In addition, the shareholders of the above-mentioned companies are exempt from any tax, duty, contribution or withholding, up to natural person, for the income acquired from dividends or distribution of net profits, whether such profits are acquired directly or through holding companies. Exemption from any taxation of the transfer of shares or parts of Greek or foreign shipowner companies, under Greek or foreign flags, regardless the reason of the transfer applies. On the contrary, a 10 per cent withholding tax is applicable on dividend distributions to Greek tax residents by offices that are engaged in activities such as chartering, insurance, brokerage, etc, other than the management and exploitation of Greek or foreign-flagged ships.

According to Article 29 of Law 27/1975, exemption from inheritance tax applies with respect to transfers of vessels, stocks or shares of Greek or foreign companies that own vessels flying a Greek or foreign flag with gross tonnage of over 1,500 and of stocks or shares of holding companies that hold stocks or shares of shipping companies, whether directly or through holding companies.

Finally, an annual contribution, at a rate of 3 to 5 per cent, referring to the years 2012–2015, and at a rate of 5 to 7 per cent, referring to the years 2016–2019, is imposed on offices or branches of foreign enterprises that have been established in Greece by virtue of Article 25 of L 27/1975 and that are engaged in the chartering, insurance, average (damage) settlements, purchase, chartering or shipbuilding brokerage, or chartering of insurance of ships under the Greek or foreign flag whose capacity excedes 500 gross registered tons, as well as the representation of shipowner companies or undertakings, whose object is identical to the above-mentioned activities. Greek and foreign companies that have established an office or branch of L 27/1975 and are engaged in the management of vessels flying a Greek or foreign flag, as well as in other activities approved by their licence of operation, are exempt from the above-mentioned annual contribution.

iii Anti-avoidance tax provisions

A general anti-avoidance tax rule has been introduced for the first time under Article 38 of the Tax Procedures Code (TPC), according to which the tax administration may disregard any artificial arrangement or series of arrangements, performed either by individuals or legal entities, that aim to evade taxation and lead to a tax advantage.

An arrangement is considered artificial if it lacks commercial or economic substance. To determine whether an arrangement is artificial various characteristics are examined. For the purposes of this provision, the goal of an arrangement is to avoid taxation in the event that, regardless of the subjective intention of the taxpayer, it is contrary to the object spirit and purpose of the tax provisions that would apply in the other cases. In order to determine the tax advantage, the amount of tax due taking into consideration such arrangement is compared to the tax payable by the taxpayer under the same conditions in the absence of such arrangement.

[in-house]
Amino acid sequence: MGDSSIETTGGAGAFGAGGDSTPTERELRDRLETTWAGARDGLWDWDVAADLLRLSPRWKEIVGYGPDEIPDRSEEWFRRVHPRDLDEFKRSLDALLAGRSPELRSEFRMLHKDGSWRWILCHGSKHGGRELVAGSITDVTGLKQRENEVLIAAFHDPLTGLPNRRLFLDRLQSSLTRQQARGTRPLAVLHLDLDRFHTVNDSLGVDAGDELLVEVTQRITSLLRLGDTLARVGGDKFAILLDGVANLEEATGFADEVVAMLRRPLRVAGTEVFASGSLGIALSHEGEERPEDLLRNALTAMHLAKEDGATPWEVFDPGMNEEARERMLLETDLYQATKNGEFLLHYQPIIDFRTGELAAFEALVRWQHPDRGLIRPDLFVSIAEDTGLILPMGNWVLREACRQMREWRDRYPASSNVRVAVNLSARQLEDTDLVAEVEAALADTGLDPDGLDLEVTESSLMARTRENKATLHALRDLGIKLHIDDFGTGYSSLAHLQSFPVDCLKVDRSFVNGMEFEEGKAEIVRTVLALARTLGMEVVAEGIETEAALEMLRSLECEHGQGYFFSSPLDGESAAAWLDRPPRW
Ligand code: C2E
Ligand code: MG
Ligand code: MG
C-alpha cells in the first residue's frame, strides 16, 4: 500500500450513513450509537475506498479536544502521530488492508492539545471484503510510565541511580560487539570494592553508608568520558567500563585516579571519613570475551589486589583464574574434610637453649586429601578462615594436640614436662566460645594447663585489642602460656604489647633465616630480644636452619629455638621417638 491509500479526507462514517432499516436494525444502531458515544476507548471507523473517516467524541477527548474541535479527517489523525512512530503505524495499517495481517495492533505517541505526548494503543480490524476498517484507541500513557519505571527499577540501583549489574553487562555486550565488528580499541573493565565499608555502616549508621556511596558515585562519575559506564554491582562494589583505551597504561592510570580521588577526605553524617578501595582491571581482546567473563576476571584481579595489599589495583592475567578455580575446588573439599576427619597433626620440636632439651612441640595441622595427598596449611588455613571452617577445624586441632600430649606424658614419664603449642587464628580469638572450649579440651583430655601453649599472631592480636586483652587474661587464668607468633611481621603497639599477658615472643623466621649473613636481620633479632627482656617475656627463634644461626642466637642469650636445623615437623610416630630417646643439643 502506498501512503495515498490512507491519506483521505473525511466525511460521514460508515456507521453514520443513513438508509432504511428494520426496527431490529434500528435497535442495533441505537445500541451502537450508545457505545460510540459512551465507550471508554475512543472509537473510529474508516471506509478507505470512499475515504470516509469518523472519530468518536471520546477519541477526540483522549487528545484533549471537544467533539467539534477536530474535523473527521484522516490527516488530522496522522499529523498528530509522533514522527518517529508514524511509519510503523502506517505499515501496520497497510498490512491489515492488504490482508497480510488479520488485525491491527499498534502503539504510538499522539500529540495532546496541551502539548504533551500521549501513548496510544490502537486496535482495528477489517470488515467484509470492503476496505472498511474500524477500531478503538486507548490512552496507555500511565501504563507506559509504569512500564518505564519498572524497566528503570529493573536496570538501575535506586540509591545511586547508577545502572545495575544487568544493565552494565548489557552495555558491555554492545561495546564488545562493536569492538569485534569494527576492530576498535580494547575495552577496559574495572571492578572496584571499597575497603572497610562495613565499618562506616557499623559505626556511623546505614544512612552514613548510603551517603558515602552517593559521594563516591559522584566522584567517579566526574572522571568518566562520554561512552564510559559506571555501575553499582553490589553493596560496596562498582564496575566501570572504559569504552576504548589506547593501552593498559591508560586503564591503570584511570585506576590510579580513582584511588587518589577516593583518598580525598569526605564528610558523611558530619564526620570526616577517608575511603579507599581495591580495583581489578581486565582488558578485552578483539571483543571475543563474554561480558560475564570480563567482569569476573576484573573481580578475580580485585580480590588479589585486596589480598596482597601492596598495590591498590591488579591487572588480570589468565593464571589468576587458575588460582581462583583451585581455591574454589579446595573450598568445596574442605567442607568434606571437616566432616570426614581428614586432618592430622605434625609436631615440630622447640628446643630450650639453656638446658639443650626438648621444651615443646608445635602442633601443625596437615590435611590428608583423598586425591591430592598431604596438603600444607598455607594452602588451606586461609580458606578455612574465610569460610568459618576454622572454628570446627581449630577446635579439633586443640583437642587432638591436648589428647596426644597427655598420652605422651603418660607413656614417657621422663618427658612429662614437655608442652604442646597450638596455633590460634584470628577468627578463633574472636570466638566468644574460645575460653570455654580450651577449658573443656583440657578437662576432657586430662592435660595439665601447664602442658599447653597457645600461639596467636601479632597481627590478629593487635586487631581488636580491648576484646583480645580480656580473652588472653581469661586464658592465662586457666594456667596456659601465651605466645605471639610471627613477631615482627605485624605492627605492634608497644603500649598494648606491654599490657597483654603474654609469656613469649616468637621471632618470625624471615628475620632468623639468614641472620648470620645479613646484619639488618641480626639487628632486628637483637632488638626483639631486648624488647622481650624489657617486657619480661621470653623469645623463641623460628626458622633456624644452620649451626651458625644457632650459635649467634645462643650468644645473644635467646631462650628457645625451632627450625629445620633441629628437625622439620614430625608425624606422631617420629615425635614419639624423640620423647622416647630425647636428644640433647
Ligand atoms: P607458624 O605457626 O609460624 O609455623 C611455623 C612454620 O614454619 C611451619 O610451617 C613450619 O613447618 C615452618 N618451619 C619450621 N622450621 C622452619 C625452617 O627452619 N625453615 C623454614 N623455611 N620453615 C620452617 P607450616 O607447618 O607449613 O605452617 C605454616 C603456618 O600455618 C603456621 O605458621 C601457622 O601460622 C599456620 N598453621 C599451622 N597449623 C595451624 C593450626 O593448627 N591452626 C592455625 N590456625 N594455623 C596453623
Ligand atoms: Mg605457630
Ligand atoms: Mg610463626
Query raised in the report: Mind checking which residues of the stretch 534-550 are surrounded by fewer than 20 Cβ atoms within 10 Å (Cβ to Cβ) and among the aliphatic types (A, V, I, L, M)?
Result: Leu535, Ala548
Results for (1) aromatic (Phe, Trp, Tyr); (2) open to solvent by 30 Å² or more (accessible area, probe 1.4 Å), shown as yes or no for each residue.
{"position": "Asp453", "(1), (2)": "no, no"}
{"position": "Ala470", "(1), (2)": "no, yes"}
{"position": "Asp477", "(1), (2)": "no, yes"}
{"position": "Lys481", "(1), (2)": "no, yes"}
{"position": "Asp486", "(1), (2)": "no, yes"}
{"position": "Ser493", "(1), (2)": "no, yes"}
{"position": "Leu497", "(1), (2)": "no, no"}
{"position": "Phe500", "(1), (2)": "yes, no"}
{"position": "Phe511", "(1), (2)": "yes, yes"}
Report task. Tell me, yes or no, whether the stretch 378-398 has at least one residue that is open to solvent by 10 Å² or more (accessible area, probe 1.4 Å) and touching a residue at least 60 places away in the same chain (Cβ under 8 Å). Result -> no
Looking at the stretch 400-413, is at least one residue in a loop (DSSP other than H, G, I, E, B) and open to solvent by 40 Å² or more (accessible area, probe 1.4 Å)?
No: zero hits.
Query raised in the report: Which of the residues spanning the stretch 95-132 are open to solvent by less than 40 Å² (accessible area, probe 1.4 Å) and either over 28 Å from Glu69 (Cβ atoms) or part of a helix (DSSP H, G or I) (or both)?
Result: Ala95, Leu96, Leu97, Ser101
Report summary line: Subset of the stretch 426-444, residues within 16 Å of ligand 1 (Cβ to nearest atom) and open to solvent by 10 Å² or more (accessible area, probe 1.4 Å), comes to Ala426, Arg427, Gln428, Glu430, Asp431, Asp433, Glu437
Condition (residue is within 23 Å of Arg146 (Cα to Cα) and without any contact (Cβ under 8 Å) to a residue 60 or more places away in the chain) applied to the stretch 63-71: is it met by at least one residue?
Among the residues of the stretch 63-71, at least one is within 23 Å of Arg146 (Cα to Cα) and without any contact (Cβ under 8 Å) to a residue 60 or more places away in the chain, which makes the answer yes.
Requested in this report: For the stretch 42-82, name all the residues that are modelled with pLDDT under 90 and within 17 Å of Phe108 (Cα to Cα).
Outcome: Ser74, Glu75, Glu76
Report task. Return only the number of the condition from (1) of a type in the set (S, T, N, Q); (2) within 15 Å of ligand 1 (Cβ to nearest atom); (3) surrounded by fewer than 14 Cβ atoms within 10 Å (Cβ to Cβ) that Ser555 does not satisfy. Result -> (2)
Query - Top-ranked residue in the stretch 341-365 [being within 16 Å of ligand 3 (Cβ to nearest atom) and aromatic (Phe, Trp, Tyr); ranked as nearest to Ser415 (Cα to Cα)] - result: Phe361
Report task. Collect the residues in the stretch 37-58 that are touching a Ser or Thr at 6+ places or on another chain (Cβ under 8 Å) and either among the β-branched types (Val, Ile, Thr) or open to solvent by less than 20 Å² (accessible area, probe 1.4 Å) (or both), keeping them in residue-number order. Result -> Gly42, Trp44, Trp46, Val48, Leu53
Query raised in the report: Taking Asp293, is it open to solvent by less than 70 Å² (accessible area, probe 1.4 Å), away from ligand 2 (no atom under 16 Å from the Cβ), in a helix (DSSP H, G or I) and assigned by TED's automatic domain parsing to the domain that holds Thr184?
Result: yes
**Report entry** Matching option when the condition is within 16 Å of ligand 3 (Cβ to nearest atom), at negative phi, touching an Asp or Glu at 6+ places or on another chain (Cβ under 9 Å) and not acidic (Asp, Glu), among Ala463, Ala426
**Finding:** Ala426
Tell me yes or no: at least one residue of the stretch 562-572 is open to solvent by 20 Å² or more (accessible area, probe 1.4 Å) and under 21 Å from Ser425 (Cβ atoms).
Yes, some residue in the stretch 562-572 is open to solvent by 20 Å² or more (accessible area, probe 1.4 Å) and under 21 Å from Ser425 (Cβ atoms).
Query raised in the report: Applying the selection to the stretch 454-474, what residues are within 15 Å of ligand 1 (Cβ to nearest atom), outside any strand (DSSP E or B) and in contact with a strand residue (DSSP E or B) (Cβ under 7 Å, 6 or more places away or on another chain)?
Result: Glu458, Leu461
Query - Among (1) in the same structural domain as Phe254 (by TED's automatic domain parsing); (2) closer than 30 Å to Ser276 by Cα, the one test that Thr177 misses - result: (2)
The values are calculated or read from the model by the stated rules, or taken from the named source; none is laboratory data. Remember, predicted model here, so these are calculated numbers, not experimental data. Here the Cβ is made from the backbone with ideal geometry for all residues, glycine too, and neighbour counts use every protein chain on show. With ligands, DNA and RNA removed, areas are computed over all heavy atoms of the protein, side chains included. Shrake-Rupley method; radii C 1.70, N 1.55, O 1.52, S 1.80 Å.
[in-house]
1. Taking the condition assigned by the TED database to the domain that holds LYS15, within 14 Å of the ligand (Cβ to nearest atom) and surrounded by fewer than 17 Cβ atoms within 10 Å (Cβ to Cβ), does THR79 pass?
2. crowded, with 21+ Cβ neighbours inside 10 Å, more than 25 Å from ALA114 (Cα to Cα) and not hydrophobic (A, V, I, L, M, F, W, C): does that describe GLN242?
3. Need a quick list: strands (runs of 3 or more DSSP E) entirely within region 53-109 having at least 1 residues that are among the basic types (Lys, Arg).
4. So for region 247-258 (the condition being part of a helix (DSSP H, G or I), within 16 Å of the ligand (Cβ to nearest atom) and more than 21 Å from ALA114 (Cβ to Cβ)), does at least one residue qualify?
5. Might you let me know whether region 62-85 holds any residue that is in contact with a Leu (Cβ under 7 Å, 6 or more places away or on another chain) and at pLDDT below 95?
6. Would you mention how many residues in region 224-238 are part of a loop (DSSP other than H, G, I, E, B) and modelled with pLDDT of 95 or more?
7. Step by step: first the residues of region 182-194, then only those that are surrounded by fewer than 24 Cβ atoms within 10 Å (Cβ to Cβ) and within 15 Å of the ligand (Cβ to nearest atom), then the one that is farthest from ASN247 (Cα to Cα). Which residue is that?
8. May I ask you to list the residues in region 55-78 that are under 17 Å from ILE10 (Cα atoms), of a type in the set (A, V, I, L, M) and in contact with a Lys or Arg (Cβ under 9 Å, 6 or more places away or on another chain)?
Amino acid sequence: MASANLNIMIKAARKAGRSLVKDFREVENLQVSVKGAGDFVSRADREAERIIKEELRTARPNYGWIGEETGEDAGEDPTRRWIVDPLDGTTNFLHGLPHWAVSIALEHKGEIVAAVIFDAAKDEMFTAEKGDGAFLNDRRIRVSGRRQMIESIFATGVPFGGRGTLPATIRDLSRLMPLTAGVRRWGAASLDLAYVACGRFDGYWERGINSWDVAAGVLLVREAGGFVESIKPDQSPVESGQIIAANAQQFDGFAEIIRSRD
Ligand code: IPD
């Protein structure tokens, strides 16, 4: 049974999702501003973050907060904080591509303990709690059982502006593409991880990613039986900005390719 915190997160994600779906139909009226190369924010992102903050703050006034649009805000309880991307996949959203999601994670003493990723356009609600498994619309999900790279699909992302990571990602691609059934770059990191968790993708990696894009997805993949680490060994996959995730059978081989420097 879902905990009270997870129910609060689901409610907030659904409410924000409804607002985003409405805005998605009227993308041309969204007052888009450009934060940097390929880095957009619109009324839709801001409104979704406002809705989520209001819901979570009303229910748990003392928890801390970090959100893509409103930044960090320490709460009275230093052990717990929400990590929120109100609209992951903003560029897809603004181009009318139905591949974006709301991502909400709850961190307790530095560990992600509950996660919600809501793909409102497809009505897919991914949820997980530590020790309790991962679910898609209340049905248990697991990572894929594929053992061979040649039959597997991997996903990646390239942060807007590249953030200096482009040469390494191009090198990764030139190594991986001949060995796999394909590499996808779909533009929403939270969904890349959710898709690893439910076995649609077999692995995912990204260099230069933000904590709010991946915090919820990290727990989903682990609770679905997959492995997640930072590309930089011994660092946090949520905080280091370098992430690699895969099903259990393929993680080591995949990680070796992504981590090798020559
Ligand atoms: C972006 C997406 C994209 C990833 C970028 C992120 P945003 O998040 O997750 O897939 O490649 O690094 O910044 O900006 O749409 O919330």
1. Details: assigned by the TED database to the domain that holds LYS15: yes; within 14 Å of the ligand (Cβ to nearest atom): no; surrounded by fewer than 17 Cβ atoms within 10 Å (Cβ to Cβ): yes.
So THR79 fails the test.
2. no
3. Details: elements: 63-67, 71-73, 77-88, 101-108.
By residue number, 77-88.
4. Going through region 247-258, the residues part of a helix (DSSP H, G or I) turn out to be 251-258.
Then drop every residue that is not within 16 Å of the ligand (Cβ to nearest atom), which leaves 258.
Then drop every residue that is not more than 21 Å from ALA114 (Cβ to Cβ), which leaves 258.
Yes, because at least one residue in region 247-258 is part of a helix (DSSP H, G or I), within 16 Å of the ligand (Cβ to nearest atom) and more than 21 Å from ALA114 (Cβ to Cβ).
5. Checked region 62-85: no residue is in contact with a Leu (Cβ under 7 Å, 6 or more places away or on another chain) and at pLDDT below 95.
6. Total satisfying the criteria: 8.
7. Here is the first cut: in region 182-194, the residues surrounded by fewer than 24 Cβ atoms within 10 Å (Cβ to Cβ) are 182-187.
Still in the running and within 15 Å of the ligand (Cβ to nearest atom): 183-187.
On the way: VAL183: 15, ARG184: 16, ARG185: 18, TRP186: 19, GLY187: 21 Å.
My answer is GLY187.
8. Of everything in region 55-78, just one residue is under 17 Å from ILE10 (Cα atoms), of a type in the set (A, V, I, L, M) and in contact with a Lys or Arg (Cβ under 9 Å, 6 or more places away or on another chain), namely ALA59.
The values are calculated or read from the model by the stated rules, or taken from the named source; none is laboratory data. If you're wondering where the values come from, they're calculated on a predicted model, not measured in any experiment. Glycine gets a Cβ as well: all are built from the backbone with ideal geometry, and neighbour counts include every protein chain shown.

Finally, by virtue of specific tax provisions, transactions (e.g., expenses) between domestic entities and entities of non-cooperative states or states with beneficial tax regimes (e.g., offshore entities) are not recognised for income tax purposes.

iv Infringements of tax avoidance (Article 66 of L 4174/2013)

Under Article 66 of the Tax Procedures Code (Law 4174/2013) (TPC), a taxpayer is considered to have committed the main offence of tax evasion in the following cases:

  • a Where the taxpayer conceals from the tax authorities taxable income from any source or assets, in particular by failing to submit tax returns, by submitting inaccurate tax returns, by recording (totally or partially) fictitious costs in his or her accounting records, or by using such fictitious costs so as not to disclose or to disclose reduced taxable income with the intention of avoiding to pay income tax, property tax or special property tax.
  • b Where the taxpayer fails to make payment, makes incorrect payment, offsets or incorrectly deducts taxes or misleads the tax authorities by presenting false facts as real or by concealing real facts by which he or she fails to make payment, makes incorrect payment or offsets or incorrectly deducts taxes or incorrectly receives a tax refund, or makes a tax withholding with the intention of avoiding to pay value added tax, turnover tax, insurance premium tax, withholding tax and contributions.
  • c Where the taxpayer fails to make payment, or makes incorrect payment, of the special vessels tax, with the intention of avoiding paying such tax.



Wealth and succession planning for high net worth individuals is in demand in Greece. Greece has entered into many DTTs. Trusts are now recognised as taxable legal entities for corporate income tax purposes and are commonly used as a vehicle for wealth and succession planning purposes. It is also important to note that shipping companies operating under Law 27/1975 are attractive to wealthy individual for use as vehicles for Greek tax purposes because they fall under a beneficial tax regime.

On the other hand, new tax provisions have been introduced, such as the CFC rules and other ‘tax evasion’ or ‘artificial arrangement’ provisions, with the aim of addressing tax evasion and preventing techniques that lead to a tax advantage. In line with the aim of these provisions, Greek tax authorities have been adopting a stricter attitude and policy towards any kind of tax planning.


1 Aspasia Malliou is a partner and Maria Kilatou is an associate of the tax law department at PotamitisVekris. This article was originally written by Aspasia Malliou and Eleni Siabi (a former associate of PotamitisVekris); it has been updated by Aspasia Malliou and Maria Kilatou. In addition, it has been reviewed by Alexios Papastavrou and Despoina Charakopoulou. Alexios Papastavrou is a partner and Despoina Charakopoulou is an associate of the family and inheritance law department at PotamitisVekris.